BENGALURU: A 14-year-old boy who returned from Mumbai and was quarantined at a government institution in Raichur, died early on Thursday. This is the second death at a quarantine centre in Karnataka, in the past 15 days.
“This is a matter of serious concern. The State government has to immediately look into it. Regular monitoring of health of those in quarantine is important, we don’t know what problems they have faced during the lockdown,” said Dr Silvia Karpagam, public health activist.
The boy’s aunt, in a video message which is with TNIE, said that they had brought her brother’s son home, hoping he would be safer here. They were quarantined in Devdurga taluk. “We came here on May 16. Three days ago, my nephew complained of knee pain and was treated by the doctor,” she said. However, on Wednesday night, the boy allegedly started complaining of severe abdominal pain.
“Despite requests and even after saying that he was crying in pain, the ambulance arrived only early Thursday, and he had died by the time they reached hospital,” the aunt alleged. This raises serious concerns about medical care in quarantine centres. Raichur District Commissioner told TNIE, “Every quarantine centre has a health professional to monitor their health.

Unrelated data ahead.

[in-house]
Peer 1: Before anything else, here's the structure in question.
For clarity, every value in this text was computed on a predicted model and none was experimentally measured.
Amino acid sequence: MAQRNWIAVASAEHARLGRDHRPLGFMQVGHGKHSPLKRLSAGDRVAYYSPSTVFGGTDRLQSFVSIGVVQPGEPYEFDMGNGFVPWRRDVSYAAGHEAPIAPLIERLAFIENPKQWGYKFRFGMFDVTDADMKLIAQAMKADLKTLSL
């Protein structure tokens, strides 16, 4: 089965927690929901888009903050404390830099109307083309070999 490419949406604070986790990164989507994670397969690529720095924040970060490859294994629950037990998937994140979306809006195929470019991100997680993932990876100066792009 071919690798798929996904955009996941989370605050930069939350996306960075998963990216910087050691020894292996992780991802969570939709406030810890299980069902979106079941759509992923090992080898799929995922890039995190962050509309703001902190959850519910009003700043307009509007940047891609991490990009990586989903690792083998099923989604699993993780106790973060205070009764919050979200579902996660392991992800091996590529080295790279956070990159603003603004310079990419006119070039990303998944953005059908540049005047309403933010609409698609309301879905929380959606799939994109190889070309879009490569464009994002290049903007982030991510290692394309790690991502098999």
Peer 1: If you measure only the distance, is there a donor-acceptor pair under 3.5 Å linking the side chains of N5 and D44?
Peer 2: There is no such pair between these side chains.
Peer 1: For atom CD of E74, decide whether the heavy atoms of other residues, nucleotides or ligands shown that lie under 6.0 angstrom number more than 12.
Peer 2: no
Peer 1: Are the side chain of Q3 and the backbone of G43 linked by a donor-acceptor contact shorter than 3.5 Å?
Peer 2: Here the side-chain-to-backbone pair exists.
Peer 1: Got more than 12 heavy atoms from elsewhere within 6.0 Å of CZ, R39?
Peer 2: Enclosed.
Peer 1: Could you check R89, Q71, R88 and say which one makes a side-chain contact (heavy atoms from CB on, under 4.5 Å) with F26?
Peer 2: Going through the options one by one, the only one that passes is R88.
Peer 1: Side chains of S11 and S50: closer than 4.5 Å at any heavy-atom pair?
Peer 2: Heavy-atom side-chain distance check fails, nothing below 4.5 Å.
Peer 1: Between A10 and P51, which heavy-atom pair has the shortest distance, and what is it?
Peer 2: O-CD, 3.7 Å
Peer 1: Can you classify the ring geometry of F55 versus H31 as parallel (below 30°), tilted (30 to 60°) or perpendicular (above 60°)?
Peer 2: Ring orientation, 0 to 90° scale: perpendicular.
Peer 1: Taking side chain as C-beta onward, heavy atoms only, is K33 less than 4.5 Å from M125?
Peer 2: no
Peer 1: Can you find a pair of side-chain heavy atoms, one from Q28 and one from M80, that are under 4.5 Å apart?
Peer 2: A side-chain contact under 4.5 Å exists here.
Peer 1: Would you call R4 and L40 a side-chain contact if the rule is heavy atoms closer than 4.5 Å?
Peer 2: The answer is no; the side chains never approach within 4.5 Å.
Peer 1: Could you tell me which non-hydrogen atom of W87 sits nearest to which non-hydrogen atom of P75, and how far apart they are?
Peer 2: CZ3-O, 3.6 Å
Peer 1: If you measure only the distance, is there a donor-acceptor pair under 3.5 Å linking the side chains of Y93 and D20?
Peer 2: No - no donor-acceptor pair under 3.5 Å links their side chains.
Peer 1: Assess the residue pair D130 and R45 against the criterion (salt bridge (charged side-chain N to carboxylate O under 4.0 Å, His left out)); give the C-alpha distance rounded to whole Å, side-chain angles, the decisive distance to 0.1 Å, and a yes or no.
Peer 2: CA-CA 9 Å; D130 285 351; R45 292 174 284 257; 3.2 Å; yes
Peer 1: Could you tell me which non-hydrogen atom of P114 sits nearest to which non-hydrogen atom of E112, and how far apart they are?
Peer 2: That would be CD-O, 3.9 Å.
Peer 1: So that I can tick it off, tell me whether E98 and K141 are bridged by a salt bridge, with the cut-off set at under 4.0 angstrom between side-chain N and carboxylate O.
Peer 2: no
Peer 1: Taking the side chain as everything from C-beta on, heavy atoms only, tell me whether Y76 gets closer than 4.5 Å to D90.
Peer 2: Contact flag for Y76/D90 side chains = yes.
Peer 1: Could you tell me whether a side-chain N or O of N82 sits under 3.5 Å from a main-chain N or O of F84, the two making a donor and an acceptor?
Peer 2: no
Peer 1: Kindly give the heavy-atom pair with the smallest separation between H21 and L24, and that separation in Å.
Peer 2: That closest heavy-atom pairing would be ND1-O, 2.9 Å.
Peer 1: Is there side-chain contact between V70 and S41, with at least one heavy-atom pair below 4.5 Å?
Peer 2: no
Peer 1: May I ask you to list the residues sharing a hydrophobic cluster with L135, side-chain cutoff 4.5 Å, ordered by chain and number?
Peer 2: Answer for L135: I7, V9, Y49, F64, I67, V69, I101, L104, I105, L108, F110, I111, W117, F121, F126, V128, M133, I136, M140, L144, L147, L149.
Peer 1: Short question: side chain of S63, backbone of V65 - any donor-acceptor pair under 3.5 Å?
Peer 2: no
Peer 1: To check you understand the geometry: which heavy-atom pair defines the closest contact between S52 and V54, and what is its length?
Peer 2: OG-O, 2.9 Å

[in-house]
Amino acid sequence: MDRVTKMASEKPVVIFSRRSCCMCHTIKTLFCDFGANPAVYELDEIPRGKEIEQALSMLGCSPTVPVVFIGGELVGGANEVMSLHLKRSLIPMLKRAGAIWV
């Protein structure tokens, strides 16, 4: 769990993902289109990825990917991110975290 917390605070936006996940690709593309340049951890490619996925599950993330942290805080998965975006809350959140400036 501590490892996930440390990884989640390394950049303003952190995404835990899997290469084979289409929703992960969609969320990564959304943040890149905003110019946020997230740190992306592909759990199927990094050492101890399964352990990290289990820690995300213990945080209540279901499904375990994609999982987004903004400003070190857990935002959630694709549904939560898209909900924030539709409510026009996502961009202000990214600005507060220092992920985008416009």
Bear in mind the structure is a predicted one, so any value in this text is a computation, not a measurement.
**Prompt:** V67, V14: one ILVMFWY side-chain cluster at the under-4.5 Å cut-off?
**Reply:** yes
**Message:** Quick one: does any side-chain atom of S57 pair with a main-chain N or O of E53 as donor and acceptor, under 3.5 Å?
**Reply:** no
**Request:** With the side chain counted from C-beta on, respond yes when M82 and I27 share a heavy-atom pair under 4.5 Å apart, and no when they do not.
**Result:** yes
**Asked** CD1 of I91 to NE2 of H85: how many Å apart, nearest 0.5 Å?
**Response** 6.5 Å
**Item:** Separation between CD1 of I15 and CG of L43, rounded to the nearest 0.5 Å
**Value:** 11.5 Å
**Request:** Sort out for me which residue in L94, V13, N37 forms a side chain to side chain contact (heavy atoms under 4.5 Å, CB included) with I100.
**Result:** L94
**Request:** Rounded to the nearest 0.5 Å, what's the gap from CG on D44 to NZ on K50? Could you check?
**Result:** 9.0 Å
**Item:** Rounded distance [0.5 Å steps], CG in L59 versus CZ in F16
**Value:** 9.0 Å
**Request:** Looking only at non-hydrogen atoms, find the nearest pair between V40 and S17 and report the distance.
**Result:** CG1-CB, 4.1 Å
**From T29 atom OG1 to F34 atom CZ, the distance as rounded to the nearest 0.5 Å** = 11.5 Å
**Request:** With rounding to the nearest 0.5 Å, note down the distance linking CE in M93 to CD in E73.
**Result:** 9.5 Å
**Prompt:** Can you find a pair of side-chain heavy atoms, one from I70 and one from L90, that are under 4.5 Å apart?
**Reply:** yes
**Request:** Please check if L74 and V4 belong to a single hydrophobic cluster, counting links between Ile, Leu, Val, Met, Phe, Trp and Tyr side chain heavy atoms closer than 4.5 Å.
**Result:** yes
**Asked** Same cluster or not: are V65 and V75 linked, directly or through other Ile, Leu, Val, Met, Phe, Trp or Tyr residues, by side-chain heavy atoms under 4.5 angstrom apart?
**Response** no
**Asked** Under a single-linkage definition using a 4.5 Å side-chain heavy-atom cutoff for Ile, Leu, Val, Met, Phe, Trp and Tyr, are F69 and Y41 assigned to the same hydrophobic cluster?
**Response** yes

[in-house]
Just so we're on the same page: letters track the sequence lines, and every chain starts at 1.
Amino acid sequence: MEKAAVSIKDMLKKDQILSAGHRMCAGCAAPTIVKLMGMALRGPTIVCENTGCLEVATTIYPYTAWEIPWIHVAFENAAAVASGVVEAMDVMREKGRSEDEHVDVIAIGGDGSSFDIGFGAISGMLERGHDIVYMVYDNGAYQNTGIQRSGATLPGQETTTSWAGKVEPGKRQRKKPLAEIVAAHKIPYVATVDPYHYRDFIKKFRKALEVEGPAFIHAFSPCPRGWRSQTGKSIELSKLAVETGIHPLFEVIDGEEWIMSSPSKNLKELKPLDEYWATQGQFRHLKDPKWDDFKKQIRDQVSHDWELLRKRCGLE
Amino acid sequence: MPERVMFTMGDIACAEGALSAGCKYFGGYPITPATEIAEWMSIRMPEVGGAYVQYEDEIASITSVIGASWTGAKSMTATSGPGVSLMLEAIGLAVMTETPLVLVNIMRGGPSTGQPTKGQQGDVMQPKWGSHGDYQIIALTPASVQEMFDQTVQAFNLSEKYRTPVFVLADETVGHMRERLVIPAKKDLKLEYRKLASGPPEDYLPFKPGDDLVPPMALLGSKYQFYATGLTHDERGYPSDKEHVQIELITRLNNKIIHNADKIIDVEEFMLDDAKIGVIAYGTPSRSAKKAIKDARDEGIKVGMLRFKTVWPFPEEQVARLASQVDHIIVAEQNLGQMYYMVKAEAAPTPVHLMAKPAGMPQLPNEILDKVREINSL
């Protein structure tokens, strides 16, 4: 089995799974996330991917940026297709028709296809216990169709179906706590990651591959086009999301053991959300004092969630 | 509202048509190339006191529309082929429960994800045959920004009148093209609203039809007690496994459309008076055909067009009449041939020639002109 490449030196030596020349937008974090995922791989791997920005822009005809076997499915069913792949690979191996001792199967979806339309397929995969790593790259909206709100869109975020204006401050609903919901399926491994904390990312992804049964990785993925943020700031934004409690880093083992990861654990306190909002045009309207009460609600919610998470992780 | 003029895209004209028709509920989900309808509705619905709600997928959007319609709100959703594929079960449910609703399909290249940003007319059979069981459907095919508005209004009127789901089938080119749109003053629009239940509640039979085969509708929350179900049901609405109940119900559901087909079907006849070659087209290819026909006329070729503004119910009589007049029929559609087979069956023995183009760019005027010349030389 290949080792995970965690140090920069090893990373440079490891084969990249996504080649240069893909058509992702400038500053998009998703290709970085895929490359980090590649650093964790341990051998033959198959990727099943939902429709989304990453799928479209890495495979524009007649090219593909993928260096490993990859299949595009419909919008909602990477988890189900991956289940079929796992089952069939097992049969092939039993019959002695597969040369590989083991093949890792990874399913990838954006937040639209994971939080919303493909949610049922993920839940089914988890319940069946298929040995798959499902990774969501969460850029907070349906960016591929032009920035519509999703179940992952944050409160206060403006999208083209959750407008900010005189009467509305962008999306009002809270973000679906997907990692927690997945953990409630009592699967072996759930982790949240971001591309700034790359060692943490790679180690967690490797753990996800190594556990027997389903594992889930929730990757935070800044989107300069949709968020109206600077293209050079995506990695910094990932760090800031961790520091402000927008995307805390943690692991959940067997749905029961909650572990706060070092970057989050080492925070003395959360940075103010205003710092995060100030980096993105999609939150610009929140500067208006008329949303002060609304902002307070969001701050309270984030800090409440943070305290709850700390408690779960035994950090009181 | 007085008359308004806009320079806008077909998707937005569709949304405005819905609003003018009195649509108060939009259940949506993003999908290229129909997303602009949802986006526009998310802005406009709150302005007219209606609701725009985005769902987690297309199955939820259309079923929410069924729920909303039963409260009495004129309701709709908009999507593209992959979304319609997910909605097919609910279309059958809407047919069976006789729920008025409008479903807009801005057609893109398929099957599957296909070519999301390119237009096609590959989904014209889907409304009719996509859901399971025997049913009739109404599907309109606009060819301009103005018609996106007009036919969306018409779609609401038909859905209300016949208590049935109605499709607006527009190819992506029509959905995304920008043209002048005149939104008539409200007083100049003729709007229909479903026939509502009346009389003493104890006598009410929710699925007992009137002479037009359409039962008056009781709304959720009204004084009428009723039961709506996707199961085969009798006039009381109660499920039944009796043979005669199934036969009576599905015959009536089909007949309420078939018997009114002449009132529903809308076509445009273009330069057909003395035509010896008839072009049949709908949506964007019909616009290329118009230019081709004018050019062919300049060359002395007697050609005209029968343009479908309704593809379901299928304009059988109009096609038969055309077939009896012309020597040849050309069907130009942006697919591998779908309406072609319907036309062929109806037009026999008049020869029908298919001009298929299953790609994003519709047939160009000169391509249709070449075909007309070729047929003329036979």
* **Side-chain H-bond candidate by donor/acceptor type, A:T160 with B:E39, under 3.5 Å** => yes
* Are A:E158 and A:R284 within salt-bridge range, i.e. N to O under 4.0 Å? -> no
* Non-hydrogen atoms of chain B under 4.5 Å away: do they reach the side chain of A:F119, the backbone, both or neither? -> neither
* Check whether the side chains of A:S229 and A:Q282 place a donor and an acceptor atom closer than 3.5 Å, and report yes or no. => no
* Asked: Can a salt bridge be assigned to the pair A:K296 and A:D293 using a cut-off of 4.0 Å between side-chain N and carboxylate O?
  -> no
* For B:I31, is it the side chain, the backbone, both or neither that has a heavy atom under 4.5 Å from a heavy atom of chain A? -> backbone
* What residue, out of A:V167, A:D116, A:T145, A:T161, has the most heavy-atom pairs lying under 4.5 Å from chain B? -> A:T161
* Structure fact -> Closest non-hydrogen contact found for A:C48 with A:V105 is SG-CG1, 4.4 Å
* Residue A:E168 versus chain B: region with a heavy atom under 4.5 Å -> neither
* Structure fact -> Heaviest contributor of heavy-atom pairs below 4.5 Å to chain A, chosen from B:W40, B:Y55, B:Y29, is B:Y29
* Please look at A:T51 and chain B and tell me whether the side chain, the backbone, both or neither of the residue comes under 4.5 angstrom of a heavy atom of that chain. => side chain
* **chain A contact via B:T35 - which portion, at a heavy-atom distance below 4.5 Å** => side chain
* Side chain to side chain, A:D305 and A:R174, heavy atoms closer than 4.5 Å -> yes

We are yet to get details in this case.” Contracting the infection at a centre is another risk as it can become like a hotspot if care is not taken. The boy had tested negative on May 29, but had to be kept in quarantine for a longer time, as nearly 50 people in the hostel tested positive. He became a primary contact and was kept in isolation with his aunt, and his test results were awaited.
A senior health official said that health monitoring is done orally for BP, diabetes, HIV etc. “But how do you expect these poor people to know all this? Many might be scared to reveal their health conditions,” he said. There has to be a proper mechanism in place to register morbidities, and also check for vitals, said health experts.
“It is a challenging situation but the state government should come up with measures and have master checkups before quarantining these people,” said Dr Silvia. Health workers in Kerala know a lot more about quarantine and containment zones, but it’s not so in Karnataka. “It’s better to accept that we don’t have a trained system in place to handle this pandemic and then work around it,” she added. On May 20, a 55-year-old woman had died of cardiac arrest at a quarantine centre in Mandya, and in that case too, relatives had accused health officials of failing to provide timely treatment.